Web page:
gmatcraze wrote:

What is remainder of:

((3^5)(5^7)(7^9)(11^13)) / 4

How can we solve this one without using Binomial theorem?

First, this wouldn't be a GMAT problem. It's not the type of question you see on the test, and what could the five answer choices be? When you divide by 4, there are only four possible remainders: 0, 1, 2 and 3. You might also notice that ((3^5)(5^7)(7^9)(11^13)) is odd, so the remainder could only be 1 or 3. It's very quick to get down to a 50-50 guess.

It's easiest to solve this problem with modular arithmetic: if you only care about remainders when dividing by a fixed number, you can replace any number in a product (or sum or difference) with another number that gives the same remainder. So in the above, I could, for example, replace the 11 with a 3, because 11 and 3 have the same remainder when divided by 4. So we could replace 11 with 3, 7 with 3, and 5 with 1:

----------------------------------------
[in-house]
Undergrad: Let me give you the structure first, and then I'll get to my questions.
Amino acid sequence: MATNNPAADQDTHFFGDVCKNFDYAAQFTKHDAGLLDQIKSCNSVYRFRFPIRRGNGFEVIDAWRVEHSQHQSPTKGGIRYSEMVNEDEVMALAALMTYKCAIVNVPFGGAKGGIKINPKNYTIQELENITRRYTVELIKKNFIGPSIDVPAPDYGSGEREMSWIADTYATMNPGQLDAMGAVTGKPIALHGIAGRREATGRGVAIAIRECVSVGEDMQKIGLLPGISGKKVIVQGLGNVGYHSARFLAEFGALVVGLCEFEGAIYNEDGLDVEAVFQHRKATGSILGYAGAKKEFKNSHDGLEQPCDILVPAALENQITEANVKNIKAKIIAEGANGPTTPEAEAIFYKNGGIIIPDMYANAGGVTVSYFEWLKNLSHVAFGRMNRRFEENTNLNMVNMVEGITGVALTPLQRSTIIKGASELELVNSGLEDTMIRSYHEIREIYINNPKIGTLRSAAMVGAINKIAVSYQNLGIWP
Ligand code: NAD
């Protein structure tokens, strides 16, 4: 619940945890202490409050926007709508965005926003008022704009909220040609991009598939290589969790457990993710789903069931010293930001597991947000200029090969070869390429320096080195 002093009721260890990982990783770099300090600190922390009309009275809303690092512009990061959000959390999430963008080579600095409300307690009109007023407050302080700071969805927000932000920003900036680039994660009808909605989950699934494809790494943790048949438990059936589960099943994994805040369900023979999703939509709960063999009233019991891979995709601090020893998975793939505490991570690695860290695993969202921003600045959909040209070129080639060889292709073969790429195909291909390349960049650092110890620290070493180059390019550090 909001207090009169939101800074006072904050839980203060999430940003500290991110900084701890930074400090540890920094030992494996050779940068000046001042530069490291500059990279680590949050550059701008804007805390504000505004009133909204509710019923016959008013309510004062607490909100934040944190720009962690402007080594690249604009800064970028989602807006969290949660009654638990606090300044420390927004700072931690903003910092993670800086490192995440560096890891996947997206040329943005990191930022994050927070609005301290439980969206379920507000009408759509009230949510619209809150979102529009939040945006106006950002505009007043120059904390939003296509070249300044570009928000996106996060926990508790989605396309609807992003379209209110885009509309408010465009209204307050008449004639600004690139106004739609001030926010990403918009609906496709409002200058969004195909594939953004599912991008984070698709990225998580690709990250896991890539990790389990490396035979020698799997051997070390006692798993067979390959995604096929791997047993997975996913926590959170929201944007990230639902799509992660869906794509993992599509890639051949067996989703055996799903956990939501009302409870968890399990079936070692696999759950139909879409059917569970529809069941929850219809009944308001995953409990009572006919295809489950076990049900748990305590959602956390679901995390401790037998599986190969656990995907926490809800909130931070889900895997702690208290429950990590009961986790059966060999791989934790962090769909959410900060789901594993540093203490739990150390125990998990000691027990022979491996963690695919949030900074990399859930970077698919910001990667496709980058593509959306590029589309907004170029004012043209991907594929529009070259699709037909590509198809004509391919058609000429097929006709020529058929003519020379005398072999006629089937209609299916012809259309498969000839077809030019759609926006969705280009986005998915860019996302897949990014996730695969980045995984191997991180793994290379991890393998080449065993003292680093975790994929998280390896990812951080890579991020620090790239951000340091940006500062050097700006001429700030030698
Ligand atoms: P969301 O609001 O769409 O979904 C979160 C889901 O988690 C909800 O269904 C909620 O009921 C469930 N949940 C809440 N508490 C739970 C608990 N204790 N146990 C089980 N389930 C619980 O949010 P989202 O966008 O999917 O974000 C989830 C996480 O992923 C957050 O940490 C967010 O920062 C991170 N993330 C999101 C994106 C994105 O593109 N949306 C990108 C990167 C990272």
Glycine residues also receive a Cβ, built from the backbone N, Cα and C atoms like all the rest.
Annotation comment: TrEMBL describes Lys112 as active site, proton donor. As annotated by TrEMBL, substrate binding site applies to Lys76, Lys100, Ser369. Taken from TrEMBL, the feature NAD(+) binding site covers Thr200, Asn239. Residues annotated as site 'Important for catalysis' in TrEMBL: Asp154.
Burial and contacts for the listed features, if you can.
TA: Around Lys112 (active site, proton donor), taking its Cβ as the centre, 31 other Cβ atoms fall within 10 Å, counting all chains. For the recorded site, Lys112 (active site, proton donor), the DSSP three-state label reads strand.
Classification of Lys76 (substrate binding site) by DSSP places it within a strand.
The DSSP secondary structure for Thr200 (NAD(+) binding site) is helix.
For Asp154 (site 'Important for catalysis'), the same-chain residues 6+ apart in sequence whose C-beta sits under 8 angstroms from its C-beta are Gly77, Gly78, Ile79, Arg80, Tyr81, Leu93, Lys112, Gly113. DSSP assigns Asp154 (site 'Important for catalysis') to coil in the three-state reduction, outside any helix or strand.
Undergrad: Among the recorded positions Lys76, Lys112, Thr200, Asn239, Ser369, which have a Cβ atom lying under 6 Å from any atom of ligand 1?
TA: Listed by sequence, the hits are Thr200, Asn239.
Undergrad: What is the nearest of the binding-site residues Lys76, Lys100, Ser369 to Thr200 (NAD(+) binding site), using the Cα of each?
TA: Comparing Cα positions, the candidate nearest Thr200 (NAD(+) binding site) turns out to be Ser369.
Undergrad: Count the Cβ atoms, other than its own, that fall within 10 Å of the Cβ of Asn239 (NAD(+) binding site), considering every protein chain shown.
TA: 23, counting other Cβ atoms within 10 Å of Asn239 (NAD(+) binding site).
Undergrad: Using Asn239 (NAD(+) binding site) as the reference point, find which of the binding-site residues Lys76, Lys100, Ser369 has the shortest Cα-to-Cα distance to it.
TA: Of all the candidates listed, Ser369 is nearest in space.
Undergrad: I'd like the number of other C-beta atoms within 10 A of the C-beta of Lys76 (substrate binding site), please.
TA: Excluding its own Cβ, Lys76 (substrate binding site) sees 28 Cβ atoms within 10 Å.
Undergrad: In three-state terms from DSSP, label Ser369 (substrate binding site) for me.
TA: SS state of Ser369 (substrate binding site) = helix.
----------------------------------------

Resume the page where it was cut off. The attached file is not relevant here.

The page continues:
(3^5)(5^7)(7^9)(11^13) will have the same remainder as (3^5)(1^7)(3^9)(3^13) when divided by 4. Since

(3^5)(1^7)(3^9)(3^13) = 3^27

we have a much simpler problem. Indeed, since 3^2 has a remainder of 1 when divided by 4, we can replace 3^2 with 1:

3^27 = 3*3^26 = 3*(3^2)^13 which has the same remainder as 3*(1^13) = 3. So the answer is 3.

It's actually even easier to replace the numbers as follows:

-replace 3 with -1

-replace 5 with 1

-replace 7 with -1

-replace 11 with -1

Thus, ((3^5)(5^7)(7^9)(11^13)) has the same remainder as [(-1)^5][(1)^7][(-1)^9][(-1)^13] when divided by 4.

Since [(-1)^5][(1)^7][(-1)^9][(-1)^13] = -1, which has a remainder of 3 when divided by 4, the answer is 3.

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